4.8 Price Trends Or Index
Index is the average of the prices of shares traded in a stock exchange at a given point of time. Let us take the example of a vegetable market to understand index. When we go to a big organised vegetable market we do say prices of vegetables and fruits are stable or have come down or have gone up? On what basis do we say that? It is based on the prices of important vegetables like onions, tomatoes, potatoes, and carrots etc, right? Even though there are several varieties of fruits and vegetables available in the market for trading, some items like onions, tomatoes, potatoes, bananas etc would dominate the traded value (price multiplied by quantity) in the market. So to avoid any confusion in price trends, if we take the average of all the important (top 10 or 20 traded based on value) vegetable prices, it becomes an index for the vegetables market, which helps us in understanding the price trend in the vegetables market.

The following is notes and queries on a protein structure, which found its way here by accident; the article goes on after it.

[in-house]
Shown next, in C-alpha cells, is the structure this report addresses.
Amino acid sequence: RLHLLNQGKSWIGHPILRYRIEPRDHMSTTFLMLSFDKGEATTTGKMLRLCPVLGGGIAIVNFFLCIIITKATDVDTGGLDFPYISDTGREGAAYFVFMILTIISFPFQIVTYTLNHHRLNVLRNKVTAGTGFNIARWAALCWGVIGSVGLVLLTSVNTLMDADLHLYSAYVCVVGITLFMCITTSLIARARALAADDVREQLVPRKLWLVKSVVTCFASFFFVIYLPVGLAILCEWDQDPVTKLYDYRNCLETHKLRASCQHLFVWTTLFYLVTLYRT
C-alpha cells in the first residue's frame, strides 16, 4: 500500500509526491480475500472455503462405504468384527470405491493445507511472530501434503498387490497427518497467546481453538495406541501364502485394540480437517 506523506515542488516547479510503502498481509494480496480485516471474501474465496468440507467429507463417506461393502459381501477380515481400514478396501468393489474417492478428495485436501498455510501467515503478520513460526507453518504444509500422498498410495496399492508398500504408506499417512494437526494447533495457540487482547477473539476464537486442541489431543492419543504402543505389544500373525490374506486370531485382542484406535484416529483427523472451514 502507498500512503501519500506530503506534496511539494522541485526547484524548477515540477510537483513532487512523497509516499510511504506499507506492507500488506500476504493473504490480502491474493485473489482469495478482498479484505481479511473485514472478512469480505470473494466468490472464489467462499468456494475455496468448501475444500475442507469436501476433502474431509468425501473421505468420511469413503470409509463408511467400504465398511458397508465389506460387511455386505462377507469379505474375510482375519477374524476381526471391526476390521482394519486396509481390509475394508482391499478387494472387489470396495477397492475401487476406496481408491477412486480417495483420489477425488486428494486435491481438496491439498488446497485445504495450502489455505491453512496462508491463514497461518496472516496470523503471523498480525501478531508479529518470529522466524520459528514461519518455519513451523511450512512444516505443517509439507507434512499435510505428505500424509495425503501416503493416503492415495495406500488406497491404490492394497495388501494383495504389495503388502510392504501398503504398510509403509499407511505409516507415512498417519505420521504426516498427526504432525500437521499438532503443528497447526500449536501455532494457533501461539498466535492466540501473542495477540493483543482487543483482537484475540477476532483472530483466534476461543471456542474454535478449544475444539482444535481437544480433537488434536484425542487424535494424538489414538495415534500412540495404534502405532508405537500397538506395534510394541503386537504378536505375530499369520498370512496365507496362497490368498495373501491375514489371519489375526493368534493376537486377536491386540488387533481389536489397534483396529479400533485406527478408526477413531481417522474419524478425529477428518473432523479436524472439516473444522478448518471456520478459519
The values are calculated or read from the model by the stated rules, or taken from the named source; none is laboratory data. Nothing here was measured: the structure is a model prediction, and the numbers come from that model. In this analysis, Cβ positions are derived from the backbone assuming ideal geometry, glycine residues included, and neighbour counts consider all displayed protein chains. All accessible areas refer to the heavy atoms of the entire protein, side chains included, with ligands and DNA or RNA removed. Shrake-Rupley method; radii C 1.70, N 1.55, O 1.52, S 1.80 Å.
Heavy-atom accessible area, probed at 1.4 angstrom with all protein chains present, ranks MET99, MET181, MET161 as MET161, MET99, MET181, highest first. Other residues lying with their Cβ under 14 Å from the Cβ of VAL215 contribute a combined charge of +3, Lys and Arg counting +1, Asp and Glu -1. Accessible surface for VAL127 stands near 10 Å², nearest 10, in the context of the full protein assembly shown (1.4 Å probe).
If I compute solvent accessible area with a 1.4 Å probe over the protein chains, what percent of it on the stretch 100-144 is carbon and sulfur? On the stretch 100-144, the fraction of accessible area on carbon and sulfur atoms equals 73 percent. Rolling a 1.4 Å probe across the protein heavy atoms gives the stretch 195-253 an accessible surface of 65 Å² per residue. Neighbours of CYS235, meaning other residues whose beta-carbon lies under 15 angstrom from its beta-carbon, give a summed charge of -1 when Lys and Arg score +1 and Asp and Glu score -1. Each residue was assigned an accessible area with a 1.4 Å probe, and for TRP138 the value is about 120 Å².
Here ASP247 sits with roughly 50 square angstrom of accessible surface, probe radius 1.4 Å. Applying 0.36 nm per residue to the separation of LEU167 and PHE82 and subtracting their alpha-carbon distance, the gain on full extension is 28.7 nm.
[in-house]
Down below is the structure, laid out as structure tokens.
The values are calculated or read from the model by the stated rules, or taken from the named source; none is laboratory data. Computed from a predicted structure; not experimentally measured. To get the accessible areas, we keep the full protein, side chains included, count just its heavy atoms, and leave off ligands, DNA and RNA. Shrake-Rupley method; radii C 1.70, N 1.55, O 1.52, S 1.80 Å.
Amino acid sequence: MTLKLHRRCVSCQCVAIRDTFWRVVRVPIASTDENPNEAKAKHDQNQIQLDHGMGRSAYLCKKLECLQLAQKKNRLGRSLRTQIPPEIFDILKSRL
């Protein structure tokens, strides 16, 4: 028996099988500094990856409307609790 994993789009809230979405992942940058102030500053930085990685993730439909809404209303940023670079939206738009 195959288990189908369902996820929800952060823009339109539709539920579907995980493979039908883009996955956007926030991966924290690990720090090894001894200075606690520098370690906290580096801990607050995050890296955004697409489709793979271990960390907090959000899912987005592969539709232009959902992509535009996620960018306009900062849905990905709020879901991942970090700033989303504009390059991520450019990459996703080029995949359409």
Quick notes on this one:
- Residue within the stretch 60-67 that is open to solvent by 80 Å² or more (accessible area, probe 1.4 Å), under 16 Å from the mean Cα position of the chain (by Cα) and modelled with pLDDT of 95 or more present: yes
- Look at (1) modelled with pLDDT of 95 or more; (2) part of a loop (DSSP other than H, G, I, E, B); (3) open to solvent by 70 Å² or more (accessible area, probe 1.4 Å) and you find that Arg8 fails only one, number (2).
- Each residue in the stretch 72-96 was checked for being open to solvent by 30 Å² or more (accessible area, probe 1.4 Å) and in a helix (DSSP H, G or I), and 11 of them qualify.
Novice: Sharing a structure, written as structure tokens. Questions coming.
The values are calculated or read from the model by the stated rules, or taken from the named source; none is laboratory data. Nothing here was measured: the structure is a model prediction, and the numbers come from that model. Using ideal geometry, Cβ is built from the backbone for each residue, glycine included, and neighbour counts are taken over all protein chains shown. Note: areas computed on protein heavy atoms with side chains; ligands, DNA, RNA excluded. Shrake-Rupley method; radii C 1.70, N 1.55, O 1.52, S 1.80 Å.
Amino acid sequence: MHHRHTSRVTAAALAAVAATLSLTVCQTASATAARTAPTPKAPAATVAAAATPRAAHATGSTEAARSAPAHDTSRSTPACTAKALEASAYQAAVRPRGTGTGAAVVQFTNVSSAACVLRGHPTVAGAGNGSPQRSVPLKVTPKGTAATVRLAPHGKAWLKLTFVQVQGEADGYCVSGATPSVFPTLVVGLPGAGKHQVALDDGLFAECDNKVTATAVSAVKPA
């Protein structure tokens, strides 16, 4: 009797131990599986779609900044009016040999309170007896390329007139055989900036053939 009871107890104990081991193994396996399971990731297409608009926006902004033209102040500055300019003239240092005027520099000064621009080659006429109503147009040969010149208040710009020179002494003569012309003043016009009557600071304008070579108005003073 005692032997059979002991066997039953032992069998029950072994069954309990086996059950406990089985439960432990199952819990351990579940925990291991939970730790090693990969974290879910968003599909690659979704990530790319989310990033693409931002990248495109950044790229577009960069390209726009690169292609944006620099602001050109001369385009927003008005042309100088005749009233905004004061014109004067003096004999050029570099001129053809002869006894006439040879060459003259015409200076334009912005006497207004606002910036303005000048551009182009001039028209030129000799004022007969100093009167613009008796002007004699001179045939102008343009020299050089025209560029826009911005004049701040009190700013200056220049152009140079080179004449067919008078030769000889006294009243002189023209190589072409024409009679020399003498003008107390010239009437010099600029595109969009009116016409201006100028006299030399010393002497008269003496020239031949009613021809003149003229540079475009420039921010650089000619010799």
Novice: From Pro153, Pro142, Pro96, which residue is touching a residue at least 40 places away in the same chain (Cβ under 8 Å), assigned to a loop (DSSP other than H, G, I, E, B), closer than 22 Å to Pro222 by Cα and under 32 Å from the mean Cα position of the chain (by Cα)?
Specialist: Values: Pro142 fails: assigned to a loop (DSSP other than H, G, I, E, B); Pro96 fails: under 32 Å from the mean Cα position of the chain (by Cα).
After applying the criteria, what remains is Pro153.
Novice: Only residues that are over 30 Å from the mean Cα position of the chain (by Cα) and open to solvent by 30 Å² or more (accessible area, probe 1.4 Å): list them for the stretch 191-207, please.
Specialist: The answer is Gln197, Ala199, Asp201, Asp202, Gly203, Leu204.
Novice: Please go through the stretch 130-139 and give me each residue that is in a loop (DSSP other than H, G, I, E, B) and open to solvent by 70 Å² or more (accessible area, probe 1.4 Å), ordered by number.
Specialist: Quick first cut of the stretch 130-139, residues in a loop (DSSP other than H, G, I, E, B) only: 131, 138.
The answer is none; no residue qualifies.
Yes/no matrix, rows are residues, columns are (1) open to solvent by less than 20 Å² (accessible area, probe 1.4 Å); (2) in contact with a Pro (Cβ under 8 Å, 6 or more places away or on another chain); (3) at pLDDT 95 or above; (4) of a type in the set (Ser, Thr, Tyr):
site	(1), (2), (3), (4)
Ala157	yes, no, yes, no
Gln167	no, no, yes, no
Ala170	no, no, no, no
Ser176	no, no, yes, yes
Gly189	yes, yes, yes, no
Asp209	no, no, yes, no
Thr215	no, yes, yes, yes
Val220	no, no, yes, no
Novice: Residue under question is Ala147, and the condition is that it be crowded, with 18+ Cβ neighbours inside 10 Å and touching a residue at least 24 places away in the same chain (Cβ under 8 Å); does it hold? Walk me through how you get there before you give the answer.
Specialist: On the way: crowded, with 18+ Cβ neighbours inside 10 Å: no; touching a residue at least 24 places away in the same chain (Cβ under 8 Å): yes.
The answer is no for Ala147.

In the same manner, in the stock exchanges, though stocks of thousands of companies are listed, stocks of all the companies are not traded in a day and within a day. Though several hundreds of stocks are traded only a few dominate the whole trade in terms of value (price multiplied by number of shares). The ideal index gives us instant-to-instant readings about how the stock market perceives the future of India’s corporate sector.
The advantages of an index are:
- An index reflects market behavior. It shows what the direction of the market is and how sensitive it is to a given set of influencing factors. For example, on January 7, 2009, when the Satyam scam came to light, the Sensex dropped 750 points reflecting the overall market sentiments.
- An index is a benchmark to evaluate any investment in stocks. It is more important for mutual funds and insurance companies who professionally manage your money to provide maximum returns.